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CIBJO Congress 2019 opens in Bahrain focusing on climate change

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DMCC publishes Arabic language Diamond Terminology Guideline

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TAGS’ upcoming rough diamond tender slated for 6 -12 December

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Yesterday

KYC: Bridge Over Troubled Water

17 october 2019

By Ernie Blom

(WFDB President’s Blog) - The diamond and jewellery industry is an industry spanning all continents. It covers a vast array of activities, from mining of minerals, their processing, conversion into jewellery, and finally retail activities, which lead to its sale to the end consumers. It also covers trading activities at all of these stages.

Precious materials change ownership multiple times before they reach their final form and are sold to the end consumer. They may even change hands multiple times at the same stage as they go through stages of aggregation and dis-aggregation.

The modern industry is characterized by a large number of participants at each stage of the pipeline. While there are large companies with billions of dollars in turnover, at the other end of the spectrum there are numerous small companies, many of whom could be one-person operations. At the World Federation of Diamond Bourses (WFDB), the interests of the SME’s are at the core of our business.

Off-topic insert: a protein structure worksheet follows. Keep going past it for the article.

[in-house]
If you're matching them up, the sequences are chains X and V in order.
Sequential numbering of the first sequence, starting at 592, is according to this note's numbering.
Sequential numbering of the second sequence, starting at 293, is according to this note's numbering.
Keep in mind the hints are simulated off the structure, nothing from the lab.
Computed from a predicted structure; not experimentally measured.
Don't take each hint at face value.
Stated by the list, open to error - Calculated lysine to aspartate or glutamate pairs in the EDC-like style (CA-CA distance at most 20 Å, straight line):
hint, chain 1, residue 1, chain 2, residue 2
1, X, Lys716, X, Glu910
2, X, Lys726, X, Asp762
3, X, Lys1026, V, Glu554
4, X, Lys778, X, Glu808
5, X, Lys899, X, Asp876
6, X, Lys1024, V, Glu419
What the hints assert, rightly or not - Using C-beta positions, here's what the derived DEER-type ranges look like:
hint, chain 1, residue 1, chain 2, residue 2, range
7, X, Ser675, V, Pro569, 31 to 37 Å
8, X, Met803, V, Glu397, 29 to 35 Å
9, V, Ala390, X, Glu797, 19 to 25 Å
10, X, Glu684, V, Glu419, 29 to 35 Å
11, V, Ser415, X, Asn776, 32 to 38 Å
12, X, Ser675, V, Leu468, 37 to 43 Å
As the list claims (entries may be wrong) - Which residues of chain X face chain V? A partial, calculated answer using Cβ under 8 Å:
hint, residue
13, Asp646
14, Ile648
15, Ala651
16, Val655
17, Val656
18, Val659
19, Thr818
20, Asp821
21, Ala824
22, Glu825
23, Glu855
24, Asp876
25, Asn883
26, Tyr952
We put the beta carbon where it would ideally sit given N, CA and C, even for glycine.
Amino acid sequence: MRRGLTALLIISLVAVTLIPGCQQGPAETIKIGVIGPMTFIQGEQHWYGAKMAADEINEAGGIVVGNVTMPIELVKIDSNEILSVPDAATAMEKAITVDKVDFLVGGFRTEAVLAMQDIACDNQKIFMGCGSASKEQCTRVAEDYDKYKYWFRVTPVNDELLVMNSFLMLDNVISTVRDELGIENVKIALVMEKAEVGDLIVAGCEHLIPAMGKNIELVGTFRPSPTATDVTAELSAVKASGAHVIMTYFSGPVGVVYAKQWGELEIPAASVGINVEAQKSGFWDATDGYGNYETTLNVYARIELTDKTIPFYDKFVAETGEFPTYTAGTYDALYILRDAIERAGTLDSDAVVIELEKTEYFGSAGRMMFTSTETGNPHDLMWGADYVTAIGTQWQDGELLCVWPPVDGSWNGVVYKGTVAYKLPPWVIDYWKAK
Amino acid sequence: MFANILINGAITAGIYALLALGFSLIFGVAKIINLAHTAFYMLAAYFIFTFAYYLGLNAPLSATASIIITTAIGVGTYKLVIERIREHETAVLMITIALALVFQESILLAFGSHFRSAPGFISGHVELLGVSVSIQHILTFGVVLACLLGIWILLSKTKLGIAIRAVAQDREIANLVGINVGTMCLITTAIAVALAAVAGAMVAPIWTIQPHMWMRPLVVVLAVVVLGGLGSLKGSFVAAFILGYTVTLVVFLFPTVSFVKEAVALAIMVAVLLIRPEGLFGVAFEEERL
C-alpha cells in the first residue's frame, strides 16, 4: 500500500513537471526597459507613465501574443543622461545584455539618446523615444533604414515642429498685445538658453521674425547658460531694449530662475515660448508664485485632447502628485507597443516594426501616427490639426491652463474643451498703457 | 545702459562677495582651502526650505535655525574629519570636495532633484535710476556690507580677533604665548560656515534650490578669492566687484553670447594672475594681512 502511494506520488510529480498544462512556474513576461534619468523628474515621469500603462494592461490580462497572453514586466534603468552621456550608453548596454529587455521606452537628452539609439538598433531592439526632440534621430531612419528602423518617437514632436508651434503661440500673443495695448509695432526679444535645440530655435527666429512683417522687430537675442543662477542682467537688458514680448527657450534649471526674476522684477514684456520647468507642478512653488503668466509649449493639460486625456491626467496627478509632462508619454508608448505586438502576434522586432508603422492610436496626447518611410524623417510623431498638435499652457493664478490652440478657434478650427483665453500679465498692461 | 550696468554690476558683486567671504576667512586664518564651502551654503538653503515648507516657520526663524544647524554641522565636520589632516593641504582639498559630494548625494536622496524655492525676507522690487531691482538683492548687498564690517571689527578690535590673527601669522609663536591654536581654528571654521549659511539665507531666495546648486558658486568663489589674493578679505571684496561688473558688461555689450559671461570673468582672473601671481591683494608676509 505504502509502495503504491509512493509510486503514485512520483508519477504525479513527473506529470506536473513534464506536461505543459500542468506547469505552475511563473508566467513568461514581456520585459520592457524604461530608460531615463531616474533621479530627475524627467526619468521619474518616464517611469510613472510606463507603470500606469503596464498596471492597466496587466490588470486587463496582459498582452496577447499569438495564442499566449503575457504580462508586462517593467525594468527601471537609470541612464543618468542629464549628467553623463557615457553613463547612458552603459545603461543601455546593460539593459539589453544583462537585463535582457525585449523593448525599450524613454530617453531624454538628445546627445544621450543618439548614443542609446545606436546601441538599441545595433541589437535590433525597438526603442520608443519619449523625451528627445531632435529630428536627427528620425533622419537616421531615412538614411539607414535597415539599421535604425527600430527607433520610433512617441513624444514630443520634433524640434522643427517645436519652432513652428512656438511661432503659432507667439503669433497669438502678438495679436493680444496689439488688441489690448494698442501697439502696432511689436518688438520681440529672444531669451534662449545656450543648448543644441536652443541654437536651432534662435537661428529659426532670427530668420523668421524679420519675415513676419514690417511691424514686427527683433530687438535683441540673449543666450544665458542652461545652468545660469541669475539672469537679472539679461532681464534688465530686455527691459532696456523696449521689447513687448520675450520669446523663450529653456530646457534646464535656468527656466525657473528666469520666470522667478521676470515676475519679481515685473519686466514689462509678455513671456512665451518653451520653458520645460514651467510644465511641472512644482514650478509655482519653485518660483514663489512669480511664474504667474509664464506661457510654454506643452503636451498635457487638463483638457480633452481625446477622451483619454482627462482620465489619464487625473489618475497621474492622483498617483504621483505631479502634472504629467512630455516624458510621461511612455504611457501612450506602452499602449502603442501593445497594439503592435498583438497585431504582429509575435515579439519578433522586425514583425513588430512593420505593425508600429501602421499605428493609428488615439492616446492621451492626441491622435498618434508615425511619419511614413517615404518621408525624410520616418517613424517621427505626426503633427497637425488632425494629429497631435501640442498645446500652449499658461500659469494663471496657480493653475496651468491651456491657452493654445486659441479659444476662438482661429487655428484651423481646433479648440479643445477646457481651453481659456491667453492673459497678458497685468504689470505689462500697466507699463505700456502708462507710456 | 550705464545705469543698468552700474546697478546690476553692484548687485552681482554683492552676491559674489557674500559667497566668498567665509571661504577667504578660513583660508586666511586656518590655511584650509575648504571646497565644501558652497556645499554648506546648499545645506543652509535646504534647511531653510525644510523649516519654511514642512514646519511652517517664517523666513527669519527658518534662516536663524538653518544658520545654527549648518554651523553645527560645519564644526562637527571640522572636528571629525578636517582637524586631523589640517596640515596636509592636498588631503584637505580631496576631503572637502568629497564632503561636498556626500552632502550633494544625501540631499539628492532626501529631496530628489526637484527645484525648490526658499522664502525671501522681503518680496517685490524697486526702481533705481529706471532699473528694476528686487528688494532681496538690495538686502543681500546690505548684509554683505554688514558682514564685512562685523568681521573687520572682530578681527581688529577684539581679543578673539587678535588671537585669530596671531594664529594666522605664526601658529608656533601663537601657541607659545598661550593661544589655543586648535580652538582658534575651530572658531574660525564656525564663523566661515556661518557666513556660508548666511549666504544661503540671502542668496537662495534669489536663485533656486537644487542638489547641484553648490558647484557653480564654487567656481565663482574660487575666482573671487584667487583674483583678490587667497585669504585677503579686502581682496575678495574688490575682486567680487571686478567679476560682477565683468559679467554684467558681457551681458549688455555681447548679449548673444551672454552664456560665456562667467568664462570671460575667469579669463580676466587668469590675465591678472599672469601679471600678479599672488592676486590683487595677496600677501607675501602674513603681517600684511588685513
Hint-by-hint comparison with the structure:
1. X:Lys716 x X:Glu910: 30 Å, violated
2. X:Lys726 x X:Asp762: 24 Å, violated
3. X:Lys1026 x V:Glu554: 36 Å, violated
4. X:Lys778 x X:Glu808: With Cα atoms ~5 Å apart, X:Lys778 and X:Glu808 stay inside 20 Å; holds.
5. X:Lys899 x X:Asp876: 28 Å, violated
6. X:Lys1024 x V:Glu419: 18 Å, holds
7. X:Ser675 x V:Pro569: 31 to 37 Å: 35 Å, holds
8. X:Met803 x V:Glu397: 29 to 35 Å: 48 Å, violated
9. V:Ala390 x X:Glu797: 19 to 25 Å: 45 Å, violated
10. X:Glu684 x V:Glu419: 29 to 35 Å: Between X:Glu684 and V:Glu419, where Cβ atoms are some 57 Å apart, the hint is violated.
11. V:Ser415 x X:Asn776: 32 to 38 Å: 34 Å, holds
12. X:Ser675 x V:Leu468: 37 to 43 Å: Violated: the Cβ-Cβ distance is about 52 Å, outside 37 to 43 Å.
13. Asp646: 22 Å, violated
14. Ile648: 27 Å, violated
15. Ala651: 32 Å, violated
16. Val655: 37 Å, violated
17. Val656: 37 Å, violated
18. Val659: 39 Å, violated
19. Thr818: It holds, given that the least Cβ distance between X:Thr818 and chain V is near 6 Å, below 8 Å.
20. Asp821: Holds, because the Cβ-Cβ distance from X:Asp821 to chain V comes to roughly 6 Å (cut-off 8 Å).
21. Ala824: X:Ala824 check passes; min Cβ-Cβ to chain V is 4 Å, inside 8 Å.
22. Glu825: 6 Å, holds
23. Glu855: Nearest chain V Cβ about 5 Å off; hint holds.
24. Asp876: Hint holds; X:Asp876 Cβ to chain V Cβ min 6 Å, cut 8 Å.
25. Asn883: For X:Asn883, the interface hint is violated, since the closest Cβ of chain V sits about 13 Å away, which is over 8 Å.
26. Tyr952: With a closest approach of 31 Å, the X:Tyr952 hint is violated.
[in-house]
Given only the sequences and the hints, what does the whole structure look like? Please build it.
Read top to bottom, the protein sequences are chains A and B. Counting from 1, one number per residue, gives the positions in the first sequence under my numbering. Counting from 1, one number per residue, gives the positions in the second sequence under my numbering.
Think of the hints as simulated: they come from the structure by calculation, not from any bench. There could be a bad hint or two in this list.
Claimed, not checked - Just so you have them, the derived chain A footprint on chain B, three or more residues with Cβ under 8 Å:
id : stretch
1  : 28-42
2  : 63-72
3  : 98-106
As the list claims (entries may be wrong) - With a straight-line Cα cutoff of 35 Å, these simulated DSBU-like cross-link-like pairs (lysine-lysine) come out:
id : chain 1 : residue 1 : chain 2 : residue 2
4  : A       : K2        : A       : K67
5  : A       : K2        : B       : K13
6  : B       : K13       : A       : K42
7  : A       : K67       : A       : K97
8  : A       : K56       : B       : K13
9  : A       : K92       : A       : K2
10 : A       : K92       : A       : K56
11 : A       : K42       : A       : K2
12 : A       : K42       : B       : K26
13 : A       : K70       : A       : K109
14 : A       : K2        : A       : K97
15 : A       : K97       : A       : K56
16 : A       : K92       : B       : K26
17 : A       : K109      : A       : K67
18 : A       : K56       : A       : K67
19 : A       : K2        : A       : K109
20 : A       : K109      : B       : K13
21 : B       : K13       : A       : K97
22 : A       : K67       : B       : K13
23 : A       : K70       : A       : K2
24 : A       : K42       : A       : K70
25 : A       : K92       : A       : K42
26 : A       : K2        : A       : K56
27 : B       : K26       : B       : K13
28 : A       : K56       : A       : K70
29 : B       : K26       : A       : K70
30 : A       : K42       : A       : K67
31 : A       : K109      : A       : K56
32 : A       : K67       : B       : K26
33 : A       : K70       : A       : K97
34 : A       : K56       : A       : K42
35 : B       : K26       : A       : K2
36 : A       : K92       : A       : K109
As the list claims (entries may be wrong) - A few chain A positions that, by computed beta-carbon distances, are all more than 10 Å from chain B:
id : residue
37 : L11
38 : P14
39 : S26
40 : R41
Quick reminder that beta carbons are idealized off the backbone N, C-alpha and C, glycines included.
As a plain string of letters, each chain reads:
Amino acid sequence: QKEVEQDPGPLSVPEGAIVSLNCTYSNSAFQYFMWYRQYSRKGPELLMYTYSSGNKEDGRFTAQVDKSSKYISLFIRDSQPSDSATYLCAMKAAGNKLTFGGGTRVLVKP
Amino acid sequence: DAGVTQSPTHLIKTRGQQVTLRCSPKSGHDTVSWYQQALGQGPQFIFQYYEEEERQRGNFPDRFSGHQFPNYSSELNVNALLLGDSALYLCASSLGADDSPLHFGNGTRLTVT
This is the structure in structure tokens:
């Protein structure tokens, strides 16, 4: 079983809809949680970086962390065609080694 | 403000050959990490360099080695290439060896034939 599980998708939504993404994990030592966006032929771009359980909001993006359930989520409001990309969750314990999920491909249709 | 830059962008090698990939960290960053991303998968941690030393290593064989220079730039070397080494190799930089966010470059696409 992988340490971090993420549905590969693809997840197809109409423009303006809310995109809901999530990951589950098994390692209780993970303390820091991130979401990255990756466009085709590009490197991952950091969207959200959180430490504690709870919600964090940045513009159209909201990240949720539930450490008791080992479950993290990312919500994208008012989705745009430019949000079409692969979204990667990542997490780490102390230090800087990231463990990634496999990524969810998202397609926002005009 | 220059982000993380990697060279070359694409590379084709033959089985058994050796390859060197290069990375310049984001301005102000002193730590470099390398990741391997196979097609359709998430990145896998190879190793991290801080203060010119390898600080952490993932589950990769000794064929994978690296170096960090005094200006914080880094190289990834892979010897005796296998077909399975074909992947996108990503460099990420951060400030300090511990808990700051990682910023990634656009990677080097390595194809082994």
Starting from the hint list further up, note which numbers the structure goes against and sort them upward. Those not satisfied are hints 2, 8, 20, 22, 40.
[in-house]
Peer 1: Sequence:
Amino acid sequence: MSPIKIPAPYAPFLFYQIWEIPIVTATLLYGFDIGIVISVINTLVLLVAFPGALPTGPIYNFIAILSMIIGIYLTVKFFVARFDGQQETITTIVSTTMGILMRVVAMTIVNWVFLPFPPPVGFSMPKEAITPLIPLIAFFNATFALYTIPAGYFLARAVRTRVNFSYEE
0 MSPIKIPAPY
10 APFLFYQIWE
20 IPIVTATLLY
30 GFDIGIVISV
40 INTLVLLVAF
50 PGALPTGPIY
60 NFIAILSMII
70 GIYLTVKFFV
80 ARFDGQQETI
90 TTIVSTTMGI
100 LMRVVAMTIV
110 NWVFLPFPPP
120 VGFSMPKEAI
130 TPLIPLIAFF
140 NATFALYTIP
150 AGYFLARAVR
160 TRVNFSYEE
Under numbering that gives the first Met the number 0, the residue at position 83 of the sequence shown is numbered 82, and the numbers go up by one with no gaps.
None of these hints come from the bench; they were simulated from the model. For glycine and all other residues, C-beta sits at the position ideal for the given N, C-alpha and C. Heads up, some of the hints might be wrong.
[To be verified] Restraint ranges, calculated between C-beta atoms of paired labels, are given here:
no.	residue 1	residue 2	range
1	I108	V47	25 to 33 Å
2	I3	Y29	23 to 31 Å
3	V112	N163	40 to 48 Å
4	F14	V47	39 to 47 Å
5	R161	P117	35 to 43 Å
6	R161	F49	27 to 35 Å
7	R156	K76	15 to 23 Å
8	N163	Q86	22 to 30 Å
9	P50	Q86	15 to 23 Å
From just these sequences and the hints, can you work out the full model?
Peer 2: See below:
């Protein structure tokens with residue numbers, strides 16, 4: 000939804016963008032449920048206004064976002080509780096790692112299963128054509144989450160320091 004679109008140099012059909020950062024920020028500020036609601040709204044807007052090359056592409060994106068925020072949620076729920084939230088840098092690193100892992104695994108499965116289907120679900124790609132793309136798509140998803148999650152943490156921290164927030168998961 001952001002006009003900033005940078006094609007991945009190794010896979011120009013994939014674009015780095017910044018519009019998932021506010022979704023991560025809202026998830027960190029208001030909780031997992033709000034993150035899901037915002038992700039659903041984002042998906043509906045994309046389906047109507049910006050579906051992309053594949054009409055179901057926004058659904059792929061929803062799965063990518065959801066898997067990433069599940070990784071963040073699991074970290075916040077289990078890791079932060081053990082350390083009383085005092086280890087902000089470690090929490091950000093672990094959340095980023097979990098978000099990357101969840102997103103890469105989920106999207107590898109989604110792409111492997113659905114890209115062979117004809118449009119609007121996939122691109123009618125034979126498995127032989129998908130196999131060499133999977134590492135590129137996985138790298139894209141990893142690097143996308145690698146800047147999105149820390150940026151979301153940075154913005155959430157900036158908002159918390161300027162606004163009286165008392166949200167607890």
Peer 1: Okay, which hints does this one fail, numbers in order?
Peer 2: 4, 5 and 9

However, the combination of high values and the large spread of companies bring with it a host of challenges. Less than 20 years ago, a diamantaire could easily have bought diamonds from a supplier in one location, have them shipped to another location and perhaps a company that was distinct from his own firm, which was doing the ordering and paying.

There were many variations to this. For example, if the buyer was purchasing rough from unorganized suppliers or from countries with limited and untrustworthy banking systems, he might ask to pick up the diamonds through another company in a free zone area and settle the outstanding bill via a bank transfer — or even in kind — to a different company in another part of the world as instructed by the supplier.

Banks and shipping agents merely followed instructions, and no eyebrows were raised as this was considered to be a trade practice. Everybody understood that all the diamantaire was doing was optimizing his own process pipeline with financial and security safety built in.